The layout remained largely the same apart from the 12th hole which was shortened to become a drivable par four. The big changes were technical though with every bunker being replaced and overseeding taking place on the greens and the fairways. Without boring anybody with the finer details, the result of the overseeding is that players are now much more confident they know how the turf will react when chipping and putting which helps provide better scores.
|The Stadium Course, TPC Sawgrass||Ponte Vedra Beach, Florida||7,189 Yards||$15,000,000|
The Players Championship is often referred to as ‘the strongest field in golf’. Although it’s not sanctioned by any other body than the PGA Tour, it offers places to each of the top 50 golfers in the world and recent major champions so there is more of an international feel to the field than in your run of the mill PGA Tour event. That’s reflected in the list of recent winners with three of the last five (and six of the last 10) winners coming from outside of America.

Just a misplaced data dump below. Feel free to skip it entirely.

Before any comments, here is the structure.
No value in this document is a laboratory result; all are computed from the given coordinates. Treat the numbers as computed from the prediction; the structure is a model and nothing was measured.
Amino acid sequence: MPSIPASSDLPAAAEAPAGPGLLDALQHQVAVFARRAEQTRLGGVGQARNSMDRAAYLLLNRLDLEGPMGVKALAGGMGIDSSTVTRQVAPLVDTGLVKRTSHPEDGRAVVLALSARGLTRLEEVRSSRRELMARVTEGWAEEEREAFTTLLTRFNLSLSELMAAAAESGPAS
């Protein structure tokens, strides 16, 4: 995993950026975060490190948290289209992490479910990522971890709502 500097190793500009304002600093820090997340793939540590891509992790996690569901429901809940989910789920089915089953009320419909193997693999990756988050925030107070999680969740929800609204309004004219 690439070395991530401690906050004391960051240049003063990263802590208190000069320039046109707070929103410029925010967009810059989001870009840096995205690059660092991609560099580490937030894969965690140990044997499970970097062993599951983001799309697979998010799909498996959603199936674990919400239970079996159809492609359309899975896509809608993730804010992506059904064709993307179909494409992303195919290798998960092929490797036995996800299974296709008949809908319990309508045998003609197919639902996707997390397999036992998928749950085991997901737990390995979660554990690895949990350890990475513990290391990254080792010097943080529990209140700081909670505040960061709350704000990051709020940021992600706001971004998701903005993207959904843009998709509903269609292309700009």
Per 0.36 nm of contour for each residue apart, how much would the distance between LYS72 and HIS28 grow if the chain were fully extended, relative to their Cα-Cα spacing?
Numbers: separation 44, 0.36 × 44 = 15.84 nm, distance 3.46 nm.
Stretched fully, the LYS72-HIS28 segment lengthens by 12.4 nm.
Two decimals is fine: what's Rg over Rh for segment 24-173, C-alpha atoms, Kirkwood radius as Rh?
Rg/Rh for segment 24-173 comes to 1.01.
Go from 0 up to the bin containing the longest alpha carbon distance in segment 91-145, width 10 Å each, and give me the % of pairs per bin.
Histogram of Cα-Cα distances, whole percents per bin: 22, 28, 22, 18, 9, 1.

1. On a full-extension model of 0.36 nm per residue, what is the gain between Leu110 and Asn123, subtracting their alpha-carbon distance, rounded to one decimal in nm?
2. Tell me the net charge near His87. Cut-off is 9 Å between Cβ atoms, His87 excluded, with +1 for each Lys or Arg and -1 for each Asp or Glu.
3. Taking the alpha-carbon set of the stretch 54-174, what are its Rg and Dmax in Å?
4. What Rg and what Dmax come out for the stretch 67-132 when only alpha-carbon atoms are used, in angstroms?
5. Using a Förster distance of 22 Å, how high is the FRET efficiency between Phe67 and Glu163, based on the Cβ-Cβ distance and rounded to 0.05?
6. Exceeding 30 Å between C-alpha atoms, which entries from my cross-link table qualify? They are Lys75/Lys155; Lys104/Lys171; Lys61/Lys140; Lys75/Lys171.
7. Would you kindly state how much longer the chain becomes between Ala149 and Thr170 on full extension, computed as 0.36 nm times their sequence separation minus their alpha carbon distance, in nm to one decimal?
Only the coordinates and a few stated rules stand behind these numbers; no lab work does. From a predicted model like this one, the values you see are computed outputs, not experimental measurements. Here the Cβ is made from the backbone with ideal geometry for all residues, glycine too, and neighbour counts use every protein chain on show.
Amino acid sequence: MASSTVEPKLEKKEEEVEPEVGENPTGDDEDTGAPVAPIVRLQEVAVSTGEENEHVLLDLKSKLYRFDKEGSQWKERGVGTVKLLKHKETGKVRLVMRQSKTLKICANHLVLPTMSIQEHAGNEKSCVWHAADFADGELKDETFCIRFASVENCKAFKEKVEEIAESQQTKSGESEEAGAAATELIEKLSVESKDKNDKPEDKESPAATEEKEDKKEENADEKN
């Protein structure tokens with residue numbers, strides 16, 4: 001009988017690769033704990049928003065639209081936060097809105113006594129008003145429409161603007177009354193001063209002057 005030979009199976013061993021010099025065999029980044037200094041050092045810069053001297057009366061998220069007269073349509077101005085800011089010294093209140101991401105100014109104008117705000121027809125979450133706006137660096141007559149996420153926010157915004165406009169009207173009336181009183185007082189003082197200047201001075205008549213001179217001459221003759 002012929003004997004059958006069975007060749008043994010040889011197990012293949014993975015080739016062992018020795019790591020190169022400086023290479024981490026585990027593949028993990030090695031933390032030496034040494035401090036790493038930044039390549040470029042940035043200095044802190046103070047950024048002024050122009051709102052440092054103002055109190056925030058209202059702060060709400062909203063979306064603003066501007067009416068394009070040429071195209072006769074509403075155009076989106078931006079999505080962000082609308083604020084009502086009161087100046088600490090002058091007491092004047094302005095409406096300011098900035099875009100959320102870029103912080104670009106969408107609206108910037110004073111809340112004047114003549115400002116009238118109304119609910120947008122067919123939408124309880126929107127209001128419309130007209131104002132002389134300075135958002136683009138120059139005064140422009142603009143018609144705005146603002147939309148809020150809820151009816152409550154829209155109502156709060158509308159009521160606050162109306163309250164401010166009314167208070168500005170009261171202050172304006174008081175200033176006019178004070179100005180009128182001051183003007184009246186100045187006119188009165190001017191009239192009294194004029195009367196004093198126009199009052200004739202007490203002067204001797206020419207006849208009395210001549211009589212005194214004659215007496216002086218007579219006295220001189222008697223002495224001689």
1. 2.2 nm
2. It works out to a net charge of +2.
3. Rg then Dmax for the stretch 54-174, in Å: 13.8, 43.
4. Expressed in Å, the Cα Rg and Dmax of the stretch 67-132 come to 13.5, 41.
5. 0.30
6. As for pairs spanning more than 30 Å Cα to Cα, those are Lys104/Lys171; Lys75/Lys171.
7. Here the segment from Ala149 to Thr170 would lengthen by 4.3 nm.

It takes a truly special four days of golf to win the Players but Kim Si-woo (500/1) and Webb Simpson (100/1) prove that outsiders can get the job done against those at the top of the betting. The other thing you’ll notice from the five most recent winners is that players with all sorts of different styles and strengths can win the Players Championship, testament to the fairness of the course.
|Year||Winner||To Par||Winning Margin|
|2019||Rory McIlroy||-16||1 Stroke|
|2018||Webb Simpson||-18||4 Stokes|
|2017||Kim Si-woo||-10||3 Strokes|